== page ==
Telling people that I'm a genealogist elicits almost inevitably the same few standard responses:
- Oh, do you work for the Church? (This one comes from other LDS people who know that our Church does a lot in the genealogy sphere.)
- I really need to get going on my own genealogy. (This one comes from LDS people for this reason.)
- So, what do you do all day? (This one comes from just about anybody who can't fathom the idea of somebody paying me to research dead people all day long.)
But who can afford to pay to hire you for ten or more hours of research? Well, generally the people are independently wealthy. They usually have an interest in genealogy or else a specific need or task within their genealogy that they want us to accomplish.
People who are just generally interested will often have us research and research and research and research until we've told them that we've exhausted all our resources on that branch and suggest to them that we move to another branch. We have a few clients like this.
Usually the tasks are these:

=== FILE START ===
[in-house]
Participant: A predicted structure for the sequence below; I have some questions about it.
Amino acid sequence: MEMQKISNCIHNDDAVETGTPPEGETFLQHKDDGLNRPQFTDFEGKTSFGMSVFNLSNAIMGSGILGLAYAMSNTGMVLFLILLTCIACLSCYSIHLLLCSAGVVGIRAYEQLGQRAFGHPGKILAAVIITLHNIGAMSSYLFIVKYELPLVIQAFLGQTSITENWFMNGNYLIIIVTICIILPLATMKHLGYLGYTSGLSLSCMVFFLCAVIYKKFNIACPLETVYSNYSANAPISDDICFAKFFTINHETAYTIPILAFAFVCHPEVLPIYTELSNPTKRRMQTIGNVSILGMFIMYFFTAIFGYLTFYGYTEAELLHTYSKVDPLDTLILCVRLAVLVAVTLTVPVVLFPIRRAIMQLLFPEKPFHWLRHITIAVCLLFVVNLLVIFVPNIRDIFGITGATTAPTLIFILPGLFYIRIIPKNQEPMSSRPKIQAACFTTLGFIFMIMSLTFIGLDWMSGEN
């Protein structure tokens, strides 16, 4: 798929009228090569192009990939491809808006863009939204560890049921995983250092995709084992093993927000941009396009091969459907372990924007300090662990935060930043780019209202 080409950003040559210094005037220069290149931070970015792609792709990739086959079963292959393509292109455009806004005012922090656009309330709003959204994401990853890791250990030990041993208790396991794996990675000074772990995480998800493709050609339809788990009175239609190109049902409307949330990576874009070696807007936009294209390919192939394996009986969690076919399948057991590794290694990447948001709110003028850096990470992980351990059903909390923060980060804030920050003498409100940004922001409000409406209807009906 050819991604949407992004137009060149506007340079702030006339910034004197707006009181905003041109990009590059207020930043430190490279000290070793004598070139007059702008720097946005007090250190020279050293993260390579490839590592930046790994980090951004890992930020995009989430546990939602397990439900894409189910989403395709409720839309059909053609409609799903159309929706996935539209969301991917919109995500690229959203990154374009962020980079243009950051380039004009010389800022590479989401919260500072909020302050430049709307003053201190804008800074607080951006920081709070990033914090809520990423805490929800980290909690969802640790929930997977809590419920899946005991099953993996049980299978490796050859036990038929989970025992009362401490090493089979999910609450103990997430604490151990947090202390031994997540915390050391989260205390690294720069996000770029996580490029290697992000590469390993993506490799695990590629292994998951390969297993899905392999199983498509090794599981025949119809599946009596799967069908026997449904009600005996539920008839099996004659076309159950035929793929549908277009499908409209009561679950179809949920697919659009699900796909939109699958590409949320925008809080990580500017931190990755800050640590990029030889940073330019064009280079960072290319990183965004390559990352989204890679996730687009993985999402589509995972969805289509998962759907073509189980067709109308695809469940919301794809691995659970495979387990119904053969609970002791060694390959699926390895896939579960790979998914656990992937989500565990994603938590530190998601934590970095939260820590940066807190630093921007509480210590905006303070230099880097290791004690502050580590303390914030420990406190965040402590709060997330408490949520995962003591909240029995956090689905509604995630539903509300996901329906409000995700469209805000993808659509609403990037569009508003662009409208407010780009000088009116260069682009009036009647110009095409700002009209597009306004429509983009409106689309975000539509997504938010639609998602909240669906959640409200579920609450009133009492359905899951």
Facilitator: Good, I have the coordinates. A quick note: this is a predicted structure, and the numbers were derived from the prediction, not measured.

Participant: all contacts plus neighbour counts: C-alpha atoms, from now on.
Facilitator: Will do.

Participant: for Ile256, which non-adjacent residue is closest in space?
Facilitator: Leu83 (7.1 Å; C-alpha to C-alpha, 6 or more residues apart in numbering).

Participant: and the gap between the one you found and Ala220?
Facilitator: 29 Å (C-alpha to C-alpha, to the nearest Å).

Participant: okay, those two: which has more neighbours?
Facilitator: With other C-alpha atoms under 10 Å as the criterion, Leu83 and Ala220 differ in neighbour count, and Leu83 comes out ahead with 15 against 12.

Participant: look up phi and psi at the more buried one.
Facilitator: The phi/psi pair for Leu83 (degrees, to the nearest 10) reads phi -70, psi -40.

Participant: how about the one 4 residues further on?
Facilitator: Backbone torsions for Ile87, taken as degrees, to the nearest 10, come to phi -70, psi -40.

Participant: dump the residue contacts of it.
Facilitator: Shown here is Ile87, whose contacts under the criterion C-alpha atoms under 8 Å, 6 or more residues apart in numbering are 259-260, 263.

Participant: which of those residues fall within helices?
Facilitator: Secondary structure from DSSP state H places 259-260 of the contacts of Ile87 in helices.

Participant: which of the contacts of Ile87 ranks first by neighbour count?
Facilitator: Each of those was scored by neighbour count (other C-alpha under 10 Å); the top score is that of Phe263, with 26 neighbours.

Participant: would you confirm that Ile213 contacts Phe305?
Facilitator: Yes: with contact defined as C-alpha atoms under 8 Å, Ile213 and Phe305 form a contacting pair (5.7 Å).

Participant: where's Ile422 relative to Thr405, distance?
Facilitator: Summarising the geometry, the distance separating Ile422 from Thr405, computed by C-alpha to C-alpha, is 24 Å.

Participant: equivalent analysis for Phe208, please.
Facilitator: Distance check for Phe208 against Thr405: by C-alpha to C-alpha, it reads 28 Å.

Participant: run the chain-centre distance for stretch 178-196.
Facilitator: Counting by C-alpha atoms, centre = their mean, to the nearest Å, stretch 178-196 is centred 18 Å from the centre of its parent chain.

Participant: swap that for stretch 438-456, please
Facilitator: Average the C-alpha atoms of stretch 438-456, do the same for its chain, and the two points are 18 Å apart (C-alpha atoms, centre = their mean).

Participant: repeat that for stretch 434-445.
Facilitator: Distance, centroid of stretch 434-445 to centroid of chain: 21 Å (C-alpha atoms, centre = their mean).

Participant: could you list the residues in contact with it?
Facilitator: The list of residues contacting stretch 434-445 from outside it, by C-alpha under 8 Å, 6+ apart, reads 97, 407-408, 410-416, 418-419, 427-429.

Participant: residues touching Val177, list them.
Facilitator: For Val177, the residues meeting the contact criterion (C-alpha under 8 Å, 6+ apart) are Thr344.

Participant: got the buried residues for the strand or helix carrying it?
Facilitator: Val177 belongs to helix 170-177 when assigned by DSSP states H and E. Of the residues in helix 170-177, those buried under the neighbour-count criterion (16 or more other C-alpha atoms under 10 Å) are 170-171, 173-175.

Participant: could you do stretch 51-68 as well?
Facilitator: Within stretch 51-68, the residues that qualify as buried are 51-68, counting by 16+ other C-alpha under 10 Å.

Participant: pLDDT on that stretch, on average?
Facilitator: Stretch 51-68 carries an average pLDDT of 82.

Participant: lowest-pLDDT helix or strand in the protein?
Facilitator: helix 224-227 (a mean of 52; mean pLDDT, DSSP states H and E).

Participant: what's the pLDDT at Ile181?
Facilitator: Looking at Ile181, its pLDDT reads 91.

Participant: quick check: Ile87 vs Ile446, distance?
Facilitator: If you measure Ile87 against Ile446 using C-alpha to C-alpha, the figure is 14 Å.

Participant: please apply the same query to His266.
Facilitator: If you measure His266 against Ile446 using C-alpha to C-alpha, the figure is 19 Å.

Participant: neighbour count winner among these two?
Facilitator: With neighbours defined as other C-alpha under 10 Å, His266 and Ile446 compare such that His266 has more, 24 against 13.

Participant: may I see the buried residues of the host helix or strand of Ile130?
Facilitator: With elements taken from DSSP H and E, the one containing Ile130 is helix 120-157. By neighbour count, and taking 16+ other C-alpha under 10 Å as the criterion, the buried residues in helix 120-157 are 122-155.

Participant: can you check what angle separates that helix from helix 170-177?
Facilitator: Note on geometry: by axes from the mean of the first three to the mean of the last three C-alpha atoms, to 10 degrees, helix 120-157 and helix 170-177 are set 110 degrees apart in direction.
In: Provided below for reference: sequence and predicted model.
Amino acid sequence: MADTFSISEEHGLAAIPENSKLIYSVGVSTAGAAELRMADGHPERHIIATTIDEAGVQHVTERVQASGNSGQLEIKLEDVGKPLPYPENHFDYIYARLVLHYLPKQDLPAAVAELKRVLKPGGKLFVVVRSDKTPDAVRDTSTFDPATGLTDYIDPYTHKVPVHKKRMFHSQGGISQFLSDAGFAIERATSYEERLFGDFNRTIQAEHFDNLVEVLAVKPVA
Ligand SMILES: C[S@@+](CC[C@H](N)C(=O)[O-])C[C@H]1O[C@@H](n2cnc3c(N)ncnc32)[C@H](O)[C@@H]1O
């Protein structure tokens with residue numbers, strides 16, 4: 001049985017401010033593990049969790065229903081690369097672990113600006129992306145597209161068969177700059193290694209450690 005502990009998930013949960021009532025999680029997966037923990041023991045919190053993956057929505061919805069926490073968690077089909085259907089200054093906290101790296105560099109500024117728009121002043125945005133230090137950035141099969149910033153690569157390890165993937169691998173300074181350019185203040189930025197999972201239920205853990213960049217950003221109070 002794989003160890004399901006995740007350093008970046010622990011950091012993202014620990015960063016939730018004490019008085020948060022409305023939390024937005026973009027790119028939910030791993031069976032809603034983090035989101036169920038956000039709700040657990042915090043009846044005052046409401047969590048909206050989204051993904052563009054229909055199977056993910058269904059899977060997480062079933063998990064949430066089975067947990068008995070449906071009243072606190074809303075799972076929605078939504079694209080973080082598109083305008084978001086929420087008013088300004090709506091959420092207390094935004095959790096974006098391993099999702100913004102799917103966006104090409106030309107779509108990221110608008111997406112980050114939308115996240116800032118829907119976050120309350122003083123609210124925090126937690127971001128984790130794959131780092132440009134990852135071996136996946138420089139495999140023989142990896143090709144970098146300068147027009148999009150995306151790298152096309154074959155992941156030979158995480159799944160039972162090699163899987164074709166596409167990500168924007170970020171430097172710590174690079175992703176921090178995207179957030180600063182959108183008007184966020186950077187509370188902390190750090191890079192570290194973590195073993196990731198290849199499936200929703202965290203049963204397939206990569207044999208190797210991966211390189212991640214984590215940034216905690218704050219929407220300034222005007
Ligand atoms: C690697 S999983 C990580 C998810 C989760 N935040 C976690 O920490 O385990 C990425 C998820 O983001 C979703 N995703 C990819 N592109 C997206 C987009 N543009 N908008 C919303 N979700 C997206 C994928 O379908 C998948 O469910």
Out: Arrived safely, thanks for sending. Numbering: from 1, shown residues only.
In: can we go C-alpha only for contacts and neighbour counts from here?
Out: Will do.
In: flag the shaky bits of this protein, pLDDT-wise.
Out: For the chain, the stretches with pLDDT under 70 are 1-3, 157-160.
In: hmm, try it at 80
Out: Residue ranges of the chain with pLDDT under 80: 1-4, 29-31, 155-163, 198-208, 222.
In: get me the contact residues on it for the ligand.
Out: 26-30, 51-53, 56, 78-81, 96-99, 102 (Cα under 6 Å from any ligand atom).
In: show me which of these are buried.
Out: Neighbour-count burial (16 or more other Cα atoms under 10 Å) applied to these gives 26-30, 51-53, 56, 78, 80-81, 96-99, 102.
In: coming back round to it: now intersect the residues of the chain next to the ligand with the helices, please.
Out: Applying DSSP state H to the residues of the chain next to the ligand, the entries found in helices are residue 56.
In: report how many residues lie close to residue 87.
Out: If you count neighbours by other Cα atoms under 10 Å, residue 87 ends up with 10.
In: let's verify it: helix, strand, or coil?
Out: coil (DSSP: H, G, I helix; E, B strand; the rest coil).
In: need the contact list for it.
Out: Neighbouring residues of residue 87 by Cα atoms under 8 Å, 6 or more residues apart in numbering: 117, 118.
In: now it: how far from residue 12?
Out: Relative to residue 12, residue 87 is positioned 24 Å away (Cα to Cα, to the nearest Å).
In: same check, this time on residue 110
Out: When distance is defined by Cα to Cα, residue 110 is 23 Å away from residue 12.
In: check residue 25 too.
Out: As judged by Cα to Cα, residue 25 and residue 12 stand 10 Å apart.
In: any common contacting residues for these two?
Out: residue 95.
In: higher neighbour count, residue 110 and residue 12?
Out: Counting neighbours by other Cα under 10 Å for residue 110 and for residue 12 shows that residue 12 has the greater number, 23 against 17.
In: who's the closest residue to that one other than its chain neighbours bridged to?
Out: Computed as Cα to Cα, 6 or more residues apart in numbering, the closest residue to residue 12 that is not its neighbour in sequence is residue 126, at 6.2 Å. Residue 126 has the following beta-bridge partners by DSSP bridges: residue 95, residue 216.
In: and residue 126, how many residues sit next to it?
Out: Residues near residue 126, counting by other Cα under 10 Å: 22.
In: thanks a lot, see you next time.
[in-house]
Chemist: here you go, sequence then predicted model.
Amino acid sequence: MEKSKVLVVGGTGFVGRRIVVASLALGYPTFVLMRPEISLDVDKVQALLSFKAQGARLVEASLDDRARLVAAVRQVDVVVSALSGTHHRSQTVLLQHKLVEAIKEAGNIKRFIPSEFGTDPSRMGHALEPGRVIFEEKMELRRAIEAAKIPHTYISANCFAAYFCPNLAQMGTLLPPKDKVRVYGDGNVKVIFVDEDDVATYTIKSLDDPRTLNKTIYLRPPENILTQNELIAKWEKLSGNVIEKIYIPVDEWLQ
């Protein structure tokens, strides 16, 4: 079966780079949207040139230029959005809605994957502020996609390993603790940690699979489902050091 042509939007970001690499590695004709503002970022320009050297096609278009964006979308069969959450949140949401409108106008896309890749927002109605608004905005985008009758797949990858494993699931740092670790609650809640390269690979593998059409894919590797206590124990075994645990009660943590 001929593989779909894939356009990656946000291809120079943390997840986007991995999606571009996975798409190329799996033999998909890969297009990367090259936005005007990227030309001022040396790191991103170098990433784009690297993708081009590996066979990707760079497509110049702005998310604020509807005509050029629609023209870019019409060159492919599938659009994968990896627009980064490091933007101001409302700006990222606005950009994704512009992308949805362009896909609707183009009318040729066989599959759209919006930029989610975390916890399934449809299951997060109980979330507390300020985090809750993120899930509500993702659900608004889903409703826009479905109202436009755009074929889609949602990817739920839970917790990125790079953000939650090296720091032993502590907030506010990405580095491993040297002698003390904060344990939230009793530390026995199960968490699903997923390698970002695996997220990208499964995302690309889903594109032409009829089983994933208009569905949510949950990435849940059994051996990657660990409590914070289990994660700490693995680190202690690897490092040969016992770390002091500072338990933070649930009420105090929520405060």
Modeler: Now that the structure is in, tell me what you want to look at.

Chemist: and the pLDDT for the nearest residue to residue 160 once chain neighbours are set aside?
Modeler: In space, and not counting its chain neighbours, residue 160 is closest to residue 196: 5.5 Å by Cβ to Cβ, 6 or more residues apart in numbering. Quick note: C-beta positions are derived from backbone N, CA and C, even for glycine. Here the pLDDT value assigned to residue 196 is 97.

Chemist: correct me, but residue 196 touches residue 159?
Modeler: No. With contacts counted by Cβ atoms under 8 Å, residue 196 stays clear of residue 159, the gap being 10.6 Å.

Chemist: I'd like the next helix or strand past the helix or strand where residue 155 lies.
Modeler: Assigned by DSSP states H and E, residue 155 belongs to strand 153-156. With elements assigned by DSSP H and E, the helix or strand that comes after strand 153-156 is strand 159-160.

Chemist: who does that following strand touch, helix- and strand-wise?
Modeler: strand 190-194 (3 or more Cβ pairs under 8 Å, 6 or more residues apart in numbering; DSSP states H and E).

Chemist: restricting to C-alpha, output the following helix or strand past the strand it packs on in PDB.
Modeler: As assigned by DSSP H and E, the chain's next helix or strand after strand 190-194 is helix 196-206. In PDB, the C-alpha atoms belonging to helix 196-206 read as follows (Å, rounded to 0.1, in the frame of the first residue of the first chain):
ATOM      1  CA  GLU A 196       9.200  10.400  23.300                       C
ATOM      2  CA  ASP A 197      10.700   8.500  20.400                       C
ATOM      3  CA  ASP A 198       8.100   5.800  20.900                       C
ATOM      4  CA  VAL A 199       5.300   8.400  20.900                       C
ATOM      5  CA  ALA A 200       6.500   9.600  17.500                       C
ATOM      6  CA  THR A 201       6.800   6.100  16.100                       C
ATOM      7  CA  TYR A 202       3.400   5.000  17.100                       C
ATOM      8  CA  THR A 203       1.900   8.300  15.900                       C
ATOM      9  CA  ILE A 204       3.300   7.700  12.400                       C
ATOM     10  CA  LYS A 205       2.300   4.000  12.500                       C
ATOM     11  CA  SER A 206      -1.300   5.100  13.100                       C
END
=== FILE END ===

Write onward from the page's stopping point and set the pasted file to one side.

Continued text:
- Breaking through a genealogical "brick wall." - This means a client is somewhat (or even very) genealogy-savvy but they have gotten to a point where it is too hard to solve the problem, so they ask us for help. This can be finding somebody's birth place, last name, parents' names - whatever.
- Irish passports. If you have ONE great-grandparent born in Ireland, you can get an Irish passport. Lots of people want Irish passports, but it can often be difficult to prove that your Patrick O'Sullivan in Chicago is the same Patrick O'Sullivan in Limerick, and that's where we come in.
- Memberships to organizations - To become a member of the Daughters of the American Revolution, you have to prove that you are directly descended from a man who fought in the Revolution. There are similar organizations as well, and we can help members prove their ancestry and get in.
- Probate cases - There are a few states that require every single heir to be named before an estate can be settled. I know that Illinois and New York are two such states. Sometimes lawyers hire us to help us track down living heirs who are distantly related to the deceased individual. (For example, a person who died without children, and without nieces or nephews).
- Find living relatives such as distant cousins.
- Determining any possible genetic health concerns.
- Joining a Native American tribe. This is similar to joining an organization, but it is a bit different. Many people have heard from their parents that they are part Native American, and then they seek to prove that lineage so they can get in on the oodles of money that tribes are making these days with their casinos. (This is the topic of my next post).
Does anyone get the reference in the title?